• Another broad object of the invention can be to provide a microfluidic multiple flow channel particle analysis system having a microfluidic chip having a plurality of flow channels each of the plurality of flow channels interrogated, and the resulting optical extinction, scatter and fluorescence analyzed, using common interrogation, optics and data processing subsystems.
  • Another broad object of the invention can be to provide a microfluidic multiple flow channel particle analysis system having a microfluidic chip having a plurality of flow channels each correspondingly enclosing a fluid stream entraining a plurality of particles which can be received from a plurality of sealed sample sources and can be delivered to a plurality of sealed sample collection containers to provide in part or in whole a closed particle analysis and particle sorting system.
  • Naturally, further objects of the invention are disclosed throughout other areas of the specification, drawings, photographs, and claims.
  • IV. BRIEF DESCRIPTION OF THE DRAWINGS
  • FIG. 1 is a block diagram of a particular embodiment of a multiple flow channel particle analysis and sorting system.
  • FIG. 2A is a perspective view of a particular embodiment of a multiple flow channel microfluidic chip.
  • FIG. 2B is a cross sectional view of a particular embodiment of a multiple welled sample source each well containing sample fluid entraining a plurality of particles each well fluidicly coupled to a corresponding inlet element of the microfludic chip shown in FIG. 2A.
  • FIG. 3A is a perspective view of a second particular embodiment of a multiple flow channel microfluidic chip.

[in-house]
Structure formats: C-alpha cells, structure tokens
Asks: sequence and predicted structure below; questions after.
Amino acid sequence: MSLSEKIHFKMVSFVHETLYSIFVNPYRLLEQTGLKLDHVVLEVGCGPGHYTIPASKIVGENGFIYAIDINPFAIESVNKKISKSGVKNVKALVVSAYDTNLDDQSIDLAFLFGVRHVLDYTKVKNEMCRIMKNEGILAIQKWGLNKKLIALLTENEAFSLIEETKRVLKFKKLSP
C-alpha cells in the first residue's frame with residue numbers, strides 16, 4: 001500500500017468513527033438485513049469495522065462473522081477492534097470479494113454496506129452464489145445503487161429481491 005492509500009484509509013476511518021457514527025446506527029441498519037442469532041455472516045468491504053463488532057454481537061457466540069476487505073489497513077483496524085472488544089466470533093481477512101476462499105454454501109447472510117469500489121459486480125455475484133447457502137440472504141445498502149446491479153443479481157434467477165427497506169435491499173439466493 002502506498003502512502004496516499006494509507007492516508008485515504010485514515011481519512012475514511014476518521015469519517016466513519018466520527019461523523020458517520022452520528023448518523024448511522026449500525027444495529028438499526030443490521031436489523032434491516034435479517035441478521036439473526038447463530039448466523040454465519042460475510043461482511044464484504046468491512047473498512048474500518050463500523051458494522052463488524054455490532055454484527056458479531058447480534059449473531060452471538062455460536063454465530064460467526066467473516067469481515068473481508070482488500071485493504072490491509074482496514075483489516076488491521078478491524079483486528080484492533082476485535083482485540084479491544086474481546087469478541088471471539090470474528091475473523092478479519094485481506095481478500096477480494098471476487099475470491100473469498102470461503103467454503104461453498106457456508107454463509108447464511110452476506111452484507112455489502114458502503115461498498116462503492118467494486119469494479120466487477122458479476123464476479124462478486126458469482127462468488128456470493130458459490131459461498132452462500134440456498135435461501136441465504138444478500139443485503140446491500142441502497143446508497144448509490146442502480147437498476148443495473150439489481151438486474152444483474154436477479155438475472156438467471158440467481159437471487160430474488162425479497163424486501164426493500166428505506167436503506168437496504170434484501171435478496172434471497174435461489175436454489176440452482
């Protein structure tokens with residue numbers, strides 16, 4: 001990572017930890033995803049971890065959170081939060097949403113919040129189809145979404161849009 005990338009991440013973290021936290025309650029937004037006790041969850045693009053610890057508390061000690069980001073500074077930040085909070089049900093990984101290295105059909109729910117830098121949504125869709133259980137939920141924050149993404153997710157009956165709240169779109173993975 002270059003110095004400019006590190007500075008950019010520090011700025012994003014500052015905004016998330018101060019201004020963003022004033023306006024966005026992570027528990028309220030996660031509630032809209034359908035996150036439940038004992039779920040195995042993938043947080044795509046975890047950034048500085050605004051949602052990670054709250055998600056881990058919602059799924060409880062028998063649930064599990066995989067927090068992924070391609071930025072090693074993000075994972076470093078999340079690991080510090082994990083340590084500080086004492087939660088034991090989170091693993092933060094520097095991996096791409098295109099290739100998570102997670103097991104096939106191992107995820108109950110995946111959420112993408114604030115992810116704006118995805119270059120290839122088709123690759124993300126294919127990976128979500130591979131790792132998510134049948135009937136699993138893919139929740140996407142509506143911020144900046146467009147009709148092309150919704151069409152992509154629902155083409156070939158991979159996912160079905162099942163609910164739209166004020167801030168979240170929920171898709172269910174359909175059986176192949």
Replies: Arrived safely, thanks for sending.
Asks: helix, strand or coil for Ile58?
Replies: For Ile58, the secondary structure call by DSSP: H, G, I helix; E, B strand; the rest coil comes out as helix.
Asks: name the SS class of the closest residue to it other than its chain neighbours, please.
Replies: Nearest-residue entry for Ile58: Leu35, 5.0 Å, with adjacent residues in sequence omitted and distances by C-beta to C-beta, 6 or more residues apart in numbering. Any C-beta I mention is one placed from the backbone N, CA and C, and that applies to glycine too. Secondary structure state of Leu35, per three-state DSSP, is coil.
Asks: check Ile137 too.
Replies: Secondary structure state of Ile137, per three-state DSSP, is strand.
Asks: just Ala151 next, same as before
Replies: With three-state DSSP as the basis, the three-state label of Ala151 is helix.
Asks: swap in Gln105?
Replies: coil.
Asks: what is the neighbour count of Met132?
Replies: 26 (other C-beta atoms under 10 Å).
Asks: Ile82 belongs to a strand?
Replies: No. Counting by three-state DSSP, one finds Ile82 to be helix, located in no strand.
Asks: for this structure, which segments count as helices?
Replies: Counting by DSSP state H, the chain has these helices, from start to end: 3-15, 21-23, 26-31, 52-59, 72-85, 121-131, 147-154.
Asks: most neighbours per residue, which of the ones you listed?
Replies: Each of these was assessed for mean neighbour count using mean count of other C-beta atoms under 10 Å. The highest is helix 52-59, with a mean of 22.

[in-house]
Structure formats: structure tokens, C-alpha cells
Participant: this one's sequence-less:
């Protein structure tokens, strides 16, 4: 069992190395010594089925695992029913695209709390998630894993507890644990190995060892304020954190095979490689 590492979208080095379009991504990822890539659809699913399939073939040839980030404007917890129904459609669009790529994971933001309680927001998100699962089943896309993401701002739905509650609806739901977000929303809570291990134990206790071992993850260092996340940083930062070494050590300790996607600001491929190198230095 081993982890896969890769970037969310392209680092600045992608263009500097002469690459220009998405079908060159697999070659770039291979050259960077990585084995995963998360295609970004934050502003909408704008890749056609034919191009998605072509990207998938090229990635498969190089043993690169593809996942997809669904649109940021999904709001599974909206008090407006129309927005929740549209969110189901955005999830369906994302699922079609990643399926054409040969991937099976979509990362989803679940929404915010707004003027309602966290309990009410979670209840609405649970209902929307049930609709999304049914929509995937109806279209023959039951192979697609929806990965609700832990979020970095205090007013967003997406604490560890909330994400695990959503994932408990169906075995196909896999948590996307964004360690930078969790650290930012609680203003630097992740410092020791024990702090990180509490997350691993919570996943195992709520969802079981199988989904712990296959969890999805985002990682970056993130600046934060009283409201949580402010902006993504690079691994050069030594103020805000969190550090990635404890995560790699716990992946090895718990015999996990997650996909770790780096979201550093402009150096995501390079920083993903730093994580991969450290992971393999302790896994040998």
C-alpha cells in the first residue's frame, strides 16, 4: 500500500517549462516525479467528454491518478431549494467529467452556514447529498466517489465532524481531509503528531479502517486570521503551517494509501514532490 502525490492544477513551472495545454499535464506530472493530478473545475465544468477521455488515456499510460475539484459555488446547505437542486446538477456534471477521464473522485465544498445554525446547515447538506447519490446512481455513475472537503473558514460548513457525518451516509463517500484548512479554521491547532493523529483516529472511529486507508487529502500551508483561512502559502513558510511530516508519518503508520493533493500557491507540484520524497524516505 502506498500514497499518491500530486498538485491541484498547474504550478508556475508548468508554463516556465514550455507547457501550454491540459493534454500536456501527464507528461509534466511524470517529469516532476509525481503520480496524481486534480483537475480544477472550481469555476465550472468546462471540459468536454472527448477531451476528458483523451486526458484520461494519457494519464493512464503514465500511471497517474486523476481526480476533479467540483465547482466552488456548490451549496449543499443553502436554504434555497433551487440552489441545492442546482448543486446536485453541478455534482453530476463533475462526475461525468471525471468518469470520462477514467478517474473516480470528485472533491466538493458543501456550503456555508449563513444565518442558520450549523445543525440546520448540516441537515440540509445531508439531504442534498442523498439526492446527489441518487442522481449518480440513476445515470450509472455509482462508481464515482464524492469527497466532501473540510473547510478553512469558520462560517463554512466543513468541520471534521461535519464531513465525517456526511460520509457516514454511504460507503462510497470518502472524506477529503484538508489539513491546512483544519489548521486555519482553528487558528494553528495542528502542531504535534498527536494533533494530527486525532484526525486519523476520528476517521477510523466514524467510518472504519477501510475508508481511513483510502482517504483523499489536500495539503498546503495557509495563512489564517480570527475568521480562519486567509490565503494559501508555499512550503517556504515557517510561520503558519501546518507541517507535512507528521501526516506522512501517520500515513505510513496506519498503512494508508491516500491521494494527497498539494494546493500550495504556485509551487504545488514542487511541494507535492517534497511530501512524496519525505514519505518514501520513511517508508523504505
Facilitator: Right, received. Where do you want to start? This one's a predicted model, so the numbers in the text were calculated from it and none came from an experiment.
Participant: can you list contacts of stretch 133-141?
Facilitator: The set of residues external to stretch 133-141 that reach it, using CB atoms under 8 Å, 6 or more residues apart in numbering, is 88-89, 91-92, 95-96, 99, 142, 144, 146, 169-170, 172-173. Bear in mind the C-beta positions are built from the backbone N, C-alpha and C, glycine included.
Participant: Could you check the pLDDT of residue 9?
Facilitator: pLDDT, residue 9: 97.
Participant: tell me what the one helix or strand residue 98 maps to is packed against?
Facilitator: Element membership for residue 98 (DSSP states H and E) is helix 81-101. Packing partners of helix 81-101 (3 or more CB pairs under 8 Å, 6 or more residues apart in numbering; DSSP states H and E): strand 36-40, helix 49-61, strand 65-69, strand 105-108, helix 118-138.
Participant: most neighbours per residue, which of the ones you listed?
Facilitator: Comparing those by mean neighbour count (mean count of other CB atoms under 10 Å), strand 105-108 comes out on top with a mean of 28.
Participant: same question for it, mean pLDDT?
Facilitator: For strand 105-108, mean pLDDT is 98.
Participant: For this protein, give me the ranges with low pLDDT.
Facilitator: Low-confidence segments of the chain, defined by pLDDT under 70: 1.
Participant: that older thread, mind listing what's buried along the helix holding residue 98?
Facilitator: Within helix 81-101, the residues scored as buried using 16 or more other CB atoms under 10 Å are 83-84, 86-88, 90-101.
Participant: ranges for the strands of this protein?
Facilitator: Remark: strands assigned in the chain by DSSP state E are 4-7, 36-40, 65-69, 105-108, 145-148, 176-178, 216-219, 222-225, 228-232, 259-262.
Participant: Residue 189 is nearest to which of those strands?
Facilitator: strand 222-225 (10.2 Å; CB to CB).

• FIG. 3B is a cross sectional view of a particular embodiment of a multiple welled sample source each well containing sample fluid entraining a plurality of particles each well fluidicly coupled to a corresponding inlet element of the microfludic chip shown in FIG. 3A.
  • FIG. 4A is a perspective view of a third particular embodiment of a multiple flow channel microfluidic chip.
  • FIG. 4B is a cross sectional view of a particular embodiment of plurality of sample sources each sample source containing sample fluid entraining a plurality of particles each sample source fluidicly coupled to a corresponding inlet element of the microfludic chip shown in FIG. 4A.
  • FIG. 5A is a perspective view of a particular embodiment of a flow channel disposed in a particular embodiment of a multiple flow channel microfluidic chip.
  • FIG. 5B is a cross section view of a particular embodiment of a multiple welled collection container fluidicly coupled with the embodiment of multiple flow channel microfluidic chip shown in FIG. 5A.
  • FIG. 6 is a schematic diagram of a particular embodiment of an optical detection system of the present invention.
  • FIG. 7 is a schematic of a particular embodiment of a beam shaping optics suitable for use in the embodiment of the optical detection system of FIG. 6.
  • FIG. 8 is a schematic diagram of a particular embodiment of an optical detection system for detecting light extinction concurrently in a plurality of flow channels of multiple flow channel microfluidic chips such as those shown in FIGS. 2A, 3A, 4A and 5A.
  • FIG. 9 is a cross-sectional view 9-9 of a portion of the light path within the subsystem for detecting light extinction shown in FIG. 8.
  • FIG. 10 is a cross-sectional view of a particular embodiment of an optical detection system for the detection of light extinction and side scatter in a plurality of flow channels of multiple flow channel microfluidic chips such as those shown in FIGS. 2A, 3A, 4A and 5A.